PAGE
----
Most of us know how to take care of ourselves; what we need to do to feel good. The most difficult part, for me, is doing it.
It’s World Mental Health Day and it’s gray and rainy outside.
I have been feeling fine lately.
Today I told myself I would go to the gym. Get some exercise, raise my heart rate, get the ol’ blood pumping through the arteries. I would like to take a catnap but I know exercise will give me a boost of energy.
I told myself I would eat healthy today. Instead I ate a bowl of cereal, a cookie, and handfuls of chocolate chips.
I told myself I would make plans with friends I haven’t seen in a while. Branch out and socialize. Challenge myself. It’s so much easier for me to spend time with my boyfriend.
It is comfortable and low-key.
There are certain things I should do, in order to put myself in the best possible mood. And then there are the things I end up doing. In the moment, they are the easier things. I am just so tired. I’m tired of interacting with people and navigating social situations. It’s easier to curl up in bed. Or eat. Or try to sleep a few hours away, even when I don’t really need to.
These are some of the ways in which I engage in self-harm and self-sabotage without blood or bruising. And honestly, it feels worse than the physical pain.
It’s not impossible for me to stand up, change into workout clothes, and drive to the gym. Yet the amount of effort it would require seems overwhelming. I know a quick way to get a rush. I eat sugary foods, lots of carbohydrates. Then I dwell in the guilt of it, hating my body, hating my mind, hating my choices.
One of the most difficult things to hear is that, to improve my depressed moods and low energy levels, I need to get more exercise. This punctures my heart. This greatly appeals to the eating disorder monster still lying deep inside me, semi-dormant and mostly ignored.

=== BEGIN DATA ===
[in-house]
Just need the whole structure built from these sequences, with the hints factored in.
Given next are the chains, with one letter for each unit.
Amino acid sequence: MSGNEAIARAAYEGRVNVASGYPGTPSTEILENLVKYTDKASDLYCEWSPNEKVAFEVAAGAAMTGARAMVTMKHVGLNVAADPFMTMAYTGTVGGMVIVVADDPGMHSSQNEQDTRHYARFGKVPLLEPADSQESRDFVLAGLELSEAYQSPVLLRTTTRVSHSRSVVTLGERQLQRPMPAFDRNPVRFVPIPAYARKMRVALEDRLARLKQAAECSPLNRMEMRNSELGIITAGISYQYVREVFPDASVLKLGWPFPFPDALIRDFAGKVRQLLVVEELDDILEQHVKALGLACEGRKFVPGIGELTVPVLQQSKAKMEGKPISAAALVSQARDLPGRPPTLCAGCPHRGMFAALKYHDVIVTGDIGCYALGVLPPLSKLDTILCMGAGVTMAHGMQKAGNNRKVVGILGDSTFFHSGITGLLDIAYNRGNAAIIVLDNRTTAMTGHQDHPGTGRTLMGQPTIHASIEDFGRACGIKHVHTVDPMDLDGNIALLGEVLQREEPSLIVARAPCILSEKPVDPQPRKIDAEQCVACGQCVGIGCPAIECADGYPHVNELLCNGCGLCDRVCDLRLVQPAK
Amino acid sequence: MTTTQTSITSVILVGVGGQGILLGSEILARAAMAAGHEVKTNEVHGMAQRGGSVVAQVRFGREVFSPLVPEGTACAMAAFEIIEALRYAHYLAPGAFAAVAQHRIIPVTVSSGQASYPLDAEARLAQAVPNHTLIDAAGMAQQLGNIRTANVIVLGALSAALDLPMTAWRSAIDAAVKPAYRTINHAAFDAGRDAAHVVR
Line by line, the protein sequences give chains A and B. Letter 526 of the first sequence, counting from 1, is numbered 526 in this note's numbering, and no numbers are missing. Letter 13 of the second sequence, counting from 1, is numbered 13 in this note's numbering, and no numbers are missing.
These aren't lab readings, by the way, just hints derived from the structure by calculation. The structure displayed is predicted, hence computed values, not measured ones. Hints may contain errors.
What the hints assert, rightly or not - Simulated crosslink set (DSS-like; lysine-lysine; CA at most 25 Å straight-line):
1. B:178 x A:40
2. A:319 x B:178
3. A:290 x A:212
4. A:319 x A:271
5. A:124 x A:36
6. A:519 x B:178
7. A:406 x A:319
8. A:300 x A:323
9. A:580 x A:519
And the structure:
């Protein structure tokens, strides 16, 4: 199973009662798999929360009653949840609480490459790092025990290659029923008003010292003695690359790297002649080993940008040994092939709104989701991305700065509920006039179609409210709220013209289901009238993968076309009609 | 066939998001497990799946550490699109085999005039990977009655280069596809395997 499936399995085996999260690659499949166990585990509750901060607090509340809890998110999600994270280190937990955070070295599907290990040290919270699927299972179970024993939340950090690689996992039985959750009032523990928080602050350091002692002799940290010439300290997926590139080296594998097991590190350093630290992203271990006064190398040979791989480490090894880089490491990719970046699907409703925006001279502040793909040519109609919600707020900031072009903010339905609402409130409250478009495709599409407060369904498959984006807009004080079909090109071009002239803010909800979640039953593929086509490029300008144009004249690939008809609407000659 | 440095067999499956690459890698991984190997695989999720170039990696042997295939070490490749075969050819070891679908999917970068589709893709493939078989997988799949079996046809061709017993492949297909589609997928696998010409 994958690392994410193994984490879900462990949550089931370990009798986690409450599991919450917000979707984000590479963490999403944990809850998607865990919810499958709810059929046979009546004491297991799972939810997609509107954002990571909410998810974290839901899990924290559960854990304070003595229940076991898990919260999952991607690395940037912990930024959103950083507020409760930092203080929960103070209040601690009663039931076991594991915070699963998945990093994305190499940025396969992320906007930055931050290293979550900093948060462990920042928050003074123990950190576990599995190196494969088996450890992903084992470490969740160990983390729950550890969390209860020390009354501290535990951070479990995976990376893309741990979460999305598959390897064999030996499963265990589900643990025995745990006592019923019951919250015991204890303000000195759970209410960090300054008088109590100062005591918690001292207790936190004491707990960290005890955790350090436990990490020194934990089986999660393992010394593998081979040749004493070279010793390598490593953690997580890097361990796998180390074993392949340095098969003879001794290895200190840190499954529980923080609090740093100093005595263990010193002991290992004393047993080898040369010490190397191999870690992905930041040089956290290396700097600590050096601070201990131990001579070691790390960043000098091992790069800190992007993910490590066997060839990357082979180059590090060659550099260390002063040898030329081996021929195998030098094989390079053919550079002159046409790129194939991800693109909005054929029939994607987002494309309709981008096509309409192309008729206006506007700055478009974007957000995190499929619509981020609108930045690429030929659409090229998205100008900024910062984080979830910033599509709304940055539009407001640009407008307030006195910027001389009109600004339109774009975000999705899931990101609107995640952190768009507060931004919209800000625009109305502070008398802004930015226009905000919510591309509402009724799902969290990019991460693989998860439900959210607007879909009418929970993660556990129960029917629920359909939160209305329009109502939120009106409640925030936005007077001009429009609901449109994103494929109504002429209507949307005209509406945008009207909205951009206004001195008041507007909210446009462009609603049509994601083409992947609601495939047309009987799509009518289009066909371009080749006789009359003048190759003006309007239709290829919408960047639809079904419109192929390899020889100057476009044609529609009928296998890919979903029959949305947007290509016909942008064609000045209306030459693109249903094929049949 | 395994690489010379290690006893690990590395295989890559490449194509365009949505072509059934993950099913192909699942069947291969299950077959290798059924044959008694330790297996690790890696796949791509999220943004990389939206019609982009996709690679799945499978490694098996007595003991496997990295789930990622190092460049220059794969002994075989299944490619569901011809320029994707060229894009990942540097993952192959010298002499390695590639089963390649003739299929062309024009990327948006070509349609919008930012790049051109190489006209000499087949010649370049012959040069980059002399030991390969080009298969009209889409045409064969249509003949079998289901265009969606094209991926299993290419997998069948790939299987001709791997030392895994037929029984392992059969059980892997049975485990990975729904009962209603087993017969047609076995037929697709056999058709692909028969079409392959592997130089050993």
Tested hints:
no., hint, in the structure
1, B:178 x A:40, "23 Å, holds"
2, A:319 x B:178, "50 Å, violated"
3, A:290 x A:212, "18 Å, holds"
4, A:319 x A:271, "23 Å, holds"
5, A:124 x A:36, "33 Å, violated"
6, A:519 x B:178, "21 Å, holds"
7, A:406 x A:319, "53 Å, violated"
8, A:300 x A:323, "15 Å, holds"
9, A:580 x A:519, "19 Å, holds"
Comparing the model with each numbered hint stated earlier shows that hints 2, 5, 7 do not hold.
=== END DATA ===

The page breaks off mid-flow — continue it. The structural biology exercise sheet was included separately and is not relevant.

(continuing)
You need exercise. You are fat. You are unhealthy. You are disgusting. They’re telling you all of this, right now. You need to work out.
Conflicting thoughts become entangled. I do need to work out, to stay healthy. I need a healthy mindset, but one that does not abuse me for being lazy. I am lazy. I am not being healthy. Is it more important for my mind or body to be healthy?
Am I lazy? This is a question I have asked myself hundreds of times in the past few years. I don’t think I am lazy, though I cannot say this with certainty. I am diligent about my school work and choose challenging courses for myself. I am rarely late or absent to school or work. I enjoy volunteering and being employed. I am conscientious towards others. I try to go out of my way to help people.
Am I lazy? I am only lazy towards my mental health.
I don’t understand why. Or is it truly laziness? Or is it some biological, cultural, or personal inability or unwillingness to help myself? Am I really depressed or is that an excuse? Do I feel I am undeserving of happiness? Of health?
These are questions and issues I grapple with every day, in my quest for better mental health, wellbeing, and a better life. I try to take a holistic approach to my health: intellectual, physical, spiritual, emotional, social. Sometimes it seems like too much to tackle.
I am fairly young still. I’m still discovering who I am and what I want to do.
I expect I will be doing that for the rest of my life.